The federal government upped the ante last week in its battle with California over student testing when it obliquely threatened to kill $3.5 billion in assistance to the state.
The state is switching from using the STAR standardized tests to Common Core and doesn’t want to continue STAR testing during the transition. The U.S. Department of Education considers it mandatory that students are tested annually and ties a range of education subsidies to it.
The state and the feds were in a war of words for months leading up to passage of Assembly Bill 484 by the Legislature and its signing by Governor Jerry Brown on October 2. The bill codifies the switch to the new Common Core, whose standards have already been adopted by 45 states. But the law stipulates that there will be no student or school test scores released in 2014 and perhaps, not in 2015 either.
That triggered a letter from U.S. Assistant Secretary of Education Deborah S. Delisle, who wagged a finger at the state and said it “risks significant enforcement action” for its decision and urged it to reverse course. Otherwise, a host of financial assistance that adds up to $3.52 billion, or about 10% of the state’s education funding, would be jeopardized.
The San Jose Mercury News got a look at the list of potential funding sequestrations and said the big one was $1.2 billion for special education under the Disabilities Education Act.
Other endangered funding sources include: $265.7 million for professional development and support for educators; $155.8 million for language acquisition for English learners; $133.5 million for migrant education; $65.6 million for low-performing schools; and $1.3 million for rural and low-income schools.
The federal government argues that failure to test student for a year or two deprives educators and parent of a valuable tool for assessing students. The state argues that STAR testing would interfere with its rollout of the new Common Core testing and student education in general by consuming valuable time administering a test it doesn’t value highly and won’t be using in the immediate future.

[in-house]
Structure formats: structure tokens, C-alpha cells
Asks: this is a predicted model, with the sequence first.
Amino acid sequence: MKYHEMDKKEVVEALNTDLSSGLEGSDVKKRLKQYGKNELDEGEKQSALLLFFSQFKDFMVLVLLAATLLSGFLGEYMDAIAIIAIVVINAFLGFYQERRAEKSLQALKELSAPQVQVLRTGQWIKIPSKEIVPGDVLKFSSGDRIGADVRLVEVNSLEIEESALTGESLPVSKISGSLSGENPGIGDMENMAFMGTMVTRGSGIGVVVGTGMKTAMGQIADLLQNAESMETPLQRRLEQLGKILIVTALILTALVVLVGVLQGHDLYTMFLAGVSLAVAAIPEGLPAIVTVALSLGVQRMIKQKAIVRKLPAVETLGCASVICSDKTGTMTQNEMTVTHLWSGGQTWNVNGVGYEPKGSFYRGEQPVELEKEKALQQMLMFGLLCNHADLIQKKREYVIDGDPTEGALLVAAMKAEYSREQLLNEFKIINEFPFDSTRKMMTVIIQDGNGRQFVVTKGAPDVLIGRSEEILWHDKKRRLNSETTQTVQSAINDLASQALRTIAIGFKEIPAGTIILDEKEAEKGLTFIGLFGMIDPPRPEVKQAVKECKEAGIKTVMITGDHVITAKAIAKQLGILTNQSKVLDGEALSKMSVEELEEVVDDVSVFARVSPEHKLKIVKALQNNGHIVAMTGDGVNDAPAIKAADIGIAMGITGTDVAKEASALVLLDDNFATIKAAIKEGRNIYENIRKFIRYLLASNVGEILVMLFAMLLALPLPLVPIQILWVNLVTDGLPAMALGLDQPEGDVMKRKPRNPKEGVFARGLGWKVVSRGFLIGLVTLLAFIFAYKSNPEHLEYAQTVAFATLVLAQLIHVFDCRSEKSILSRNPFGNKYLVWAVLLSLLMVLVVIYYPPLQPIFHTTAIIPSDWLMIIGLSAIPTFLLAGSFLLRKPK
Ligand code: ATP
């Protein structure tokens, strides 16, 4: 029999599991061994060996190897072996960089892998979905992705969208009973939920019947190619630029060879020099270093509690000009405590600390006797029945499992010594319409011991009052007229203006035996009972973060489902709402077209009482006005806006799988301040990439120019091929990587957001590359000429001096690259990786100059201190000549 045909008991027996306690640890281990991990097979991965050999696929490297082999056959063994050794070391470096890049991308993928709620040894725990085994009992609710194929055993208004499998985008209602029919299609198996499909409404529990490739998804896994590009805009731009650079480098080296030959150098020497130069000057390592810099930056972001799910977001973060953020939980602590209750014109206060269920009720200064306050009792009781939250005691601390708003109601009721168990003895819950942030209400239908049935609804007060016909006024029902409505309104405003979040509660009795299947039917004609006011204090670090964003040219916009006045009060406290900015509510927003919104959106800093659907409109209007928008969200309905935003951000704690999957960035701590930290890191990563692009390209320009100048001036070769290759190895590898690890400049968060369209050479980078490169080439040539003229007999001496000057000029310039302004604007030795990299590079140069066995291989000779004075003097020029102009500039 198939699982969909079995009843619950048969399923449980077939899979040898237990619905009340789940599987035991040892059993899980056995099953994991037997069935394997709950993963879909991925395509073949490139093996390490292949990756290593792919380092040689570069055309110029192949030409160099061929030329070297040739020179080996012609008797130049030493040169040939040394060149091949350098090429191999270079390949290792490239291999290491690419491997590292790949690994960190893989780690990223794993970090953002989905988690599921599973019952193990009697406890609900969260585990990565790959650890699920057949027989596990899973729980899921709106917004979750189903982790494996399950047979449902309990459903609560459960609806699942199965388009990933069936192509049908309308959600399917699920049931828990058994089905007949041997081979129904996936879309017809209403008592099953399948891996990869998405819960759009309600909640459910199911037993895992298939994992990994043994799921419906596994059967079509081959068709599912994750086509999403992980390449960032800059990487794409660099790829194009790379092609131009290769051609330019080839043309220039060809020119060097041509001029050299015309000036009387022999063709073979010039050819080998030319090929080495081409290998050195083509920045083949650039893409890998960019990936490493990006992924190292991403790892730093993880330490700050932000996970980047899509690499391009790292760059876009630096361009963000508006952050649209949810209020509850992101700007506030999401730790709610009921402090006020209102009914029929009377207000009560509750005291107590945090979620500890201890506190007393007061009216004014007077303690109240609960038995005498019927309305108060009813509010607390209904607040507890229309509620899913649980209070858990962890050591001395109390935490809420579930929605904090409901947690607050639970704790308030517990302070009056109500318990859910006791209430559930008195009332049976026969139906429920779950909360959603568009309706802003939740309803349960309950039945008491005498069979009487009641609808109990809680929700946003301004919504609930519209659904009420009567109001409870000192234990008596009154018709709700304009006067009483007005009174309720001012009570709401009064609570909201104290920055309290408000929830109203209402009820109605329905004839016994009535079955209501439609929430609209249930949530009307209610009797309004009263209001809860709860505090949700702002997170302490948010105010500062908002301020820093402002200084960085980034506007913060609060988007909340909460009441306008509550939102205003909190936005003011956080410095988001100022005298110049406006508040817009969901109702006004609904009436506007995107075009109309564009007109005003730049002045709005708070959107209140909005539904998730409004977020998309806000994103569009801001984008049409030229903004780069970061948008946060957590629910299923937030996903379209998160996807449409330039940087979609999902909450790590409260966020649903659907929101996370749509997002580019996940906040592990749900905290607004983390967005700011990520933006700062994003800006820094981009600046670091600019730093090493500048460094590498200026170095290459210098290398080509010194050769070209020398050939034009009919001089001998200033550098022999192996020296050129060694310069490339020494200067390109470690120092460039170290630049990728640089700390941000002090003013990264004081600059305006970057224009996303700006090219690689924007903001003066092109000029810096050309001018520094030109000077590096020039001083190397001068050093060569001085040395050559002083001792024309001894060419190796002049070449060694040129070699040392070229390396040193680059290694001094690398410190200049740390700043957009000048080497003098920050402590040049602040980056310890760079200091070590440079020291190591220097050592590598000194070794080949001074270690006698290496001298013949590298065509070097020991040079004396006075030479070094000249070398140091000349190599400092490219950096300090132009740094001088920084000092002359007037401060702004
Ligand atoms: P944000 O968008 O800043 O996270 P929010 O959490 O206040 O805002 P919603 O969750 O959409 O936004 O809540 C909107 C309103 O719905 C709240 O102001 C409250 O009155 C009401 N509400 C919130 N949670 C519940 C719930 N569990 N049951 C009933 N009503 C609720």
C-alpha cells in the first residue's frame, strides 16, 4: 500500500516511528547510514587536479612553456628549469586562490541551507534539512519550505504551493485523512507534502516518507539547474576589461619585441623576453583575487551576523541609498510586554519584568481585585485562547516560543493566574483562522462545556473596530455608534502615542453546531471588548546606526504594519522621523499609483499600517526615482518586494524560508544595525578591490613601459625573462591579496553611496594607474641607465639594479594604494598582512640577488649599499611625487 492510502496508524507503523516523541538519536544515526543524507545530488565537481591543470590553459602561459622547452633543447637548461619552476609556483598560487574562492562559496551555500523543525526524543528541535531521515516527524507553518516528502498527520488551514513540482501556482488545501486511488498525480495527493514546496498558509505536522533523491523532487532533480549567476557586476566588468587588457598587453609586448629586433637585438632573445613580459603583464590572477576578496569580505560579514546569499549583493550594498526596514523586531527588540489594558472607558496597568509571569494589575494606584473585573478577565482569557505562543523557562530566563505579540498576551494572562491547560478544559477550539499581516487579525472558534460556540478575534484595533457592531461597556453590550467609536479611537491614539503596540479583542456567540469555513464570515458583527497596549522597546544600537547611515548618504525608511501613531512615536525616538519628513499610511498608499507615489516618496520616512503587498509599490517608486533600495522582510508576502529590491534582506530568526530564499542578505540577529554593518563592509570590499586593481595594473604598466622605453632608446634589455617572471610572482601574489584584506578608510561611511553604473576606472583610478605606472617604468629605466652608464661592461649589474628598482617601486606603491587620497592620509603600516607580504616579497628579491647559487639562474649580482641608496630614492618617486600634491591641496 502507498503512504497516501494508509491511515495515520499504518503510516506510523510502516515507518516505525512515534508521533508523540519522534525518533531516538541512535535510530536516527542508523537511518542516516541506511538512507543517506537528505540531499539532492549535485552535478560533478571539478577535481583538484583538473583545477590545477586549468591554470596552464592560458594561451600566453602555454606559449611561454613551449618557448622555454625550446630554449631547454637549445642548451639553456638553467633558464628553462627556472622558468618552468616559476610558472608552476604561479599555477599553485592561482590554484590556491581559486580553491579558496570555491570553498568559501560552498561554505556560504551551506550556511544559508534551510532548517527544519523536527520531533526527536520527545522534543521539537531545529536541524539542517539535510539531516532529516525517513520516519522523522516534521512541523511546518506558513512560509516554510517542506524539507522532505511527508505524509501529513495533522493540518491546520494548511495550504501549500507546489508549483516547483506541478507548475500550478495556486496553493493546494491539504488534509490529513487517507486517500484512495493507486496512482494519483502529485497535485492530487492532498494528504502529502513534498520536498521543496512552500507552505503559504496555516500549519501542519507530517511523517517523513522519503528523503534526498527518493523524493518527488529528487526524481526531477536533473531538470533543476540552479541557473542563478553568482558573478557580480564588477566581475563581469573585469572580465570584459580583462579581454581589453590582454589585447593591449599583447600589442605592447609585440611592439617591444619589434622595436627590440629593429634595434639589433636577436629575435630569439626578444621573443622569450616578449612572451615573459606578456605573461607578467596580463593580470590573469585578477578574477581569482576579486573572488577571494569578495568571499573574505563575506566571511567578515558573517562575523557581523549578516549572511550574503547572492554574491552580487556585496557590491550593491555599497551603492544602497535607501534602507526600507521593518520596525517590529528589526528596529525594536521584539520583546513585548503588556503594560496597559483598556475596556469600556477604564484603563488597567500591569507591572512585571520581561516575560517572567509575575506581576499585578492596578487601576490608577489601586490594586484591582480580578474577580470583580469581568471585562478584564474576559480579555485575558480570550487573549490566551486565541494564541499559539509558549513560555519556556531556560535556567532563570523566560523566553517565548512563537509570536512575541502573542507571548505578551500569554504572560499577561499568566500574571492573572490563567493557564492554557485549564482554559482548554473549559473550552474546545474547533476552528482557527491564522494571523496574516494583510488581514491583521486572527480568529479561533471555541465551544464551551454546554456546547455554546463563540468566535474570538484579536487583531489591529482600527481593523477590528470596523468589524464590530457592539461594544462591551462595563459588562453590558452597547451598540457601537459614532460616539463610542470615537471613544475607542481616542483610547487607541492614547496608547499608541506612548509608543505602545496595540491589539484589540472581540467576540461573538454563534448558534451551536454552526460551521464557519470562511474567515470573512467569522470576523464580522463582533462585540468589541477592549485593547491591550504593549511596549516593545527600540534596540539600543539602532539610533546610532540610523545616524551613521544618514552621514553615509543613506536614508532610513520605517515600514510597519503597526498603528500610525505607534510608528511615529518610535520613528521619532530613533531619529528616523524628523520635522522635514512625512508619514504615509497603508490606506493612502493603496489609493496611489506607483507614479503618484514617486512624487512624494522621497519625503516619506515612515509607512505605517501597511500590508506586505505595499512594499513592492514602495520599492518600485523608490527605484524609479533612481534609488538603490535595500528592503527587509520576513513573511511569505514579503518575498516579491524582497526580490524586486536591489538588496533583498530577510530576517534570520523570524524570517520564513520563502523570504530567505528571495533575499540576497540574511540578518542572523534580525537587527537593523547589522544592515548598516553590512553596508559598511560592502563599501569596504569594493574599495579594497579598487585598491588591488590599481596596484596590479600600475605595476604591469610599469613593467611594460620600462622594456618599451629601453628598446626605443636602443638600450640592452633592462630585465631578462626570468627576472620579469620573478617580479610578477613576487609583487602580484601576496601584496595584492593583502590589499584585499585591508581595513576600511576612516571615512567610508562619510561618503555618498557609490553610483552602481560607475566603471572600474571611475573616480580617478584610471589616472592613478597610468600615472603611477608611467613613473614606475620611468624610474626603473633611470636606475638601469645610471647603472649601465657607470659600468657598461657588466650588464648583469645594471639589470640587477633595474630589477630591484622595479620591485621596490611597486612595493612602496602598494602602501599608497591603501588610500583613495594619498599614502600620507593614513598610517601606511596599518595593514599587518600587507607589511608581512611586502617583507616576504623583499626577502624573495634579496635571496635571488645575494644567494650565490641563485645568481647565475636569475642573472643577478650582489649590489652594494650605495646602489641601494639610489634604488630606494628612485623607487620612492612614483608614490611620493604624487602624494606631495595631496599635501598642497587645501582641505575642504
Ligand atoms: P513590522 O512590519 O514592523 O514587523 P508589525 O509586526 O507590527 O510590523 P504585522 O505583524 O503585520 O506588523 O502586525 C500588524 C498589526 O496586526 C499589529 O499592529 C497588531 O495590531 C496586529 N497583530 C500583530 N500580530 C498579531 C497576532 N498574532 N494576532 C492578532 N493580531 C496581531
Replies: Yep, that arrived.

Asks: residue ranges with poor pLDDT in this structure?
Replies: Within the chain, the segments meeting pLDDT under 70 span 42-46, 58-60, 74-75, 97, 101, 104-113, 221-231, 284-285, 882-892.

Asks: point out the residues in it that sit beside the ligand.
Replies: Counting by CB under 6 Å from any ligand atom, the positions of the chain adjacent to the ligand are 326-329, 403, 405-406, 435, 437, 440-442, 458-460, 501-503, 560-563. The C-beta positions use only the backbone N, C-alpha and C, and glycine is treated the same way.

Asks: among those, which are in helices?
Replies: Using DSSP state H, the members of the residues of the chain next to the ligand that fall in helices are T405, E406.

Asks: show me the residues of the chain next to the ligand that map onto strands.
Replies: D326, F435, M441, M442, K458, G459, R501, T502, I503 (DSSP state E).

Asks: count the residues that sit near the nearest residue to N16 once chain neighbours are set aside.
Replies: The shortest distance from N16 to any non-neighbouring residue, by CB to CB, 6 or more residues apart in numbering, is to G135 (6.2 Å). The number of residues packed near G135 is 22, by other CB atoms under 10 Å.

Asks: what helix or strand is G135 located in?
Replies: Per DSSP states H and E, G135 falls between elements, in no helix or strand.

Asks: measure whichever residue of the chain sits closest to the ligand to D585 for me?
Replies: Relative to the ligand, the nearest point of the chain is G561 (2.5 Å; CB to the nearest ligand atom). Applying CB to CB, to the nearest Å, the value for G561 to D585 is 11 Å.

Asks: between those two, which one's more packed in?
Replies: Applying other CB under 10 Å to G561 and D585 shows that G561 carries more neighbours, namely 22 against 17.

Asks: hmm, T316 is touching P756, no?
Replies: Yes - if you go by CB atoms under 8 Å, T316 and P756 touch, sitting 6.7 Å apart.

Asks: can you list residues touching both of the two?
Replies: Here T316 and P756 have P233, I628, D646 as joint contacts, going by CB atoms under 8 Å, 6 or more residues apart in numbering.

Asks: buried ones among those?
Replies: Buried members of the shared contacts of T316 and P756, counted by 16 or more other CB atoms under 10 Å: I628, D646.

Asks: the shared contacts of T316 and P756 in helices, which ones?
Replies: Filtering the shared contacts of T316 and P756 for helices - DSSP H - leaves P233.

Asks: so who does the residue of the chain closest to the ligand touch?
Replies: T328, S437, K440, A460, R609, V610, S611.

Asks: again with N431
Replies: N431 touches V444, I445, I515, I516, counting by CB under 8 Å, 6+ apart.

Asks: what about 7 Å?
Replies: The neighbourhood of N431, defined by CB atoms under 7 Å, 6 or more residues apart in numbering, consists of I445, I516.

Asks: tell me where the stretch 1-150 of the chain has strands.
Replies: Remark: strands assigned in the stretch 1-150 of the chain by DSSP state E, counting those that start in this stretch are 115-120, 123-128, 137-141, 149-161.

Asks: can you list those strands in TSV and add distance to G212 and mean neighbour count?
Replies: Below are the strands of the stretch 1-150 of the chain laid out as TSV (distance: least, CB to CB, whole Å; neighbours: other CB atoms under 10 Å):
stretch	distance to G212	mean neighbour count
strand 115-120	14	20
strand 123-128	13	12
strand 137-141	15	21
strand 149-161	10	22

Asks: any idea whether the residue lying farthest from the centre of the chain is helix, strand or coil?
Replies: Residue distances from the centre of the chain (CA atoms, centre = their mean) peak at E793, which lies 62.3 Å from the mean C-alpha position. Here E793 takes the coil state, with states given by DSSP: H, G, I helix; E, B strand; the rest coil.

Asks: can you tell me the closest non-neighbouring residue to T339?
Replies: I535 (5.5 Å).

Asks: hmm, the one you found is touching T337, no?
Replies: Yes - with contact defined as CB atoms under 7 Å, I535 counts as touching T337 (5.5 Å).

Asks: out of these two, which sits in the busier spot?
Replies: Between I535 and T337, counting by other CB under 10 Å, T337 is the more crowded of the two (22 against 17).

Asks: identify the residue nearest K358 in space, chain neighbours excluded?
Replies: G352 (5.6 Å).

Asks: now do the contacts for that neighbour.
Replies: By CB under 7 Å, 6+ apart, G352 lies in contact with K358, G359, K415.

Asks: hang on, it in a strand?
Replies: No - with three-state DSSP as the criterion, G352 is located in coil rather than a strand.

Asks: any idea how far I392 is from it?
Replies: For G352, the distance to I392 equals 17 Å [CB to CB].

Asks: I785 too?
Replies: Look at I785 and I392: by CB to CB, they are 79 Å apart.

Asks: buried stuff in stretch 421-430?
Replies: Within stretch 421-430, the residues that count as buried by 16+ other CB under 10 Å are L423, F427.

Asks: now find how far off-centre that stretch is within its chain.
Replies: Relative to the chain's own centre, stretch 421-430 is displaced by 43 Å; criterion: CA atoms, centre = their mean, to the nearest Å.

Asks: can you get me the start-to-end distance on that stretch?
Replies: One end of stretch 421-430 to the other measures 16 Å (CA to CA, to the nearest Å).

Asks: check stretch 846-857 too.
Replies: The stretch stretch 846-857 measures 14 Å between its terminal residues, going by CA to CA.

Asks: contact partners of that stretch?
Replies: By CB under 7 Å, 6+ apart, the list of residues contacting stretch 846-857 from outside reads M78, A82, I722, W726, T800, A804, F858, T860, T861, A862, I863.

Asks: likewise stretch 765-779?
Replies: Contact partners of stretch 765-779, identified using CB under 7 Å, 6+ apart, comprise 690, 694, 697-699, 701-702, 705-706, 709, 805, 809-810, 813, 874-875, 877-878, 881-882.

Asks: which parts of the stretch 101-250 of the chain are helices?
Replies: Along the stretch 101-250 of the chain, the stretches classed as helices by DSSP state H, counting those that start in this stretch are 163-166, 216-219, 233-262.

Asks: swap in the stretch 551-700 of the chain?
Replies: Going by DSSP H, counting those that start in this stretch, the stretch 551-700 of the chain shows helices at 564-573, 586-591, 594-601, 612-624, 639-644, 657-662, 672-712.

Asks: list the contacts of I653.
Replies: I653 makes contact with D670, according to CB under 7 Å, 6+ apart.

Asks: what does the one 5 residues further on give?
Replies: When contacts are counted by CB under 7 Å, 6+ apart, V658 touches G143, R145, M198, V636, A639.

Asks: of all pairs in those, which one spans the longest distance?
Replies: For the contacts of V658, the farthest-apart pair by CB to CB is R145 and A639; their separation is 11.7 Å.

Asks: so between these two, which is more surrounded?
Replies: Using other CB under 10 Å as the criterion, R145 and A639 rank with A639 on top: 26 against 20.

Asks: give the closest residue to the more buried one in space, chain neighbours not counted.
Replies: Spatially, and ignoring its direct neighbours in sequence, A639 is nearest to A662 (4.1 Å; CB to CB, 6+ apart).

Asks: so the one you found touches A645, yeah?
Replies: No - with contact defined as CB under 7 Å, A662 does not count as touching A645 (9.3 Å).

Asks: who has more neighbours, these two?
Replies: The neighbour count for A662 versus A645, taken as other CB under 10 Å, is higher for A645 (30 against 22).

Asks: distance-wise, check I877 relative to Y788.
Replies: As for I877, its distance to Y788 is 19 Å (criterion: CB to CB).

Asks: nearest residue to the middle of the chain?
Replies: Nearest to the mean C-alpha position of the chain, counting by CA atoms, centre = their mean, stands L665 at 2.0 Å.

The state would essentially be doing double-testing as it fine-tuned the Common Core for its prime-time debut. Federal law requires that students be tested in science at three grade levels, and in mathematics and English in grades three through eight and once in high school.
The federal government has no problem with the Common Core standards themselves. They set goals for reading, writing and math skills that students should develop from kindergarten through high school graduation that were embraced by the Obama administration. Each state will conjure up its own classroom curriculum, but, in general, the standards emphasize critical thinking and problem solving while encouraging deep thought about fewer topics.
Common Core, itself, has not been without controversy. Some critics aren’t enamored with standardized testing in any form, cost estimates have ranged higher than some people are comfortable with, teachers are concerned that they won’t be properly trained in the curriculum, and Tea Party types are worried that “Obamacore” will destroy the country as fast as Obamacare.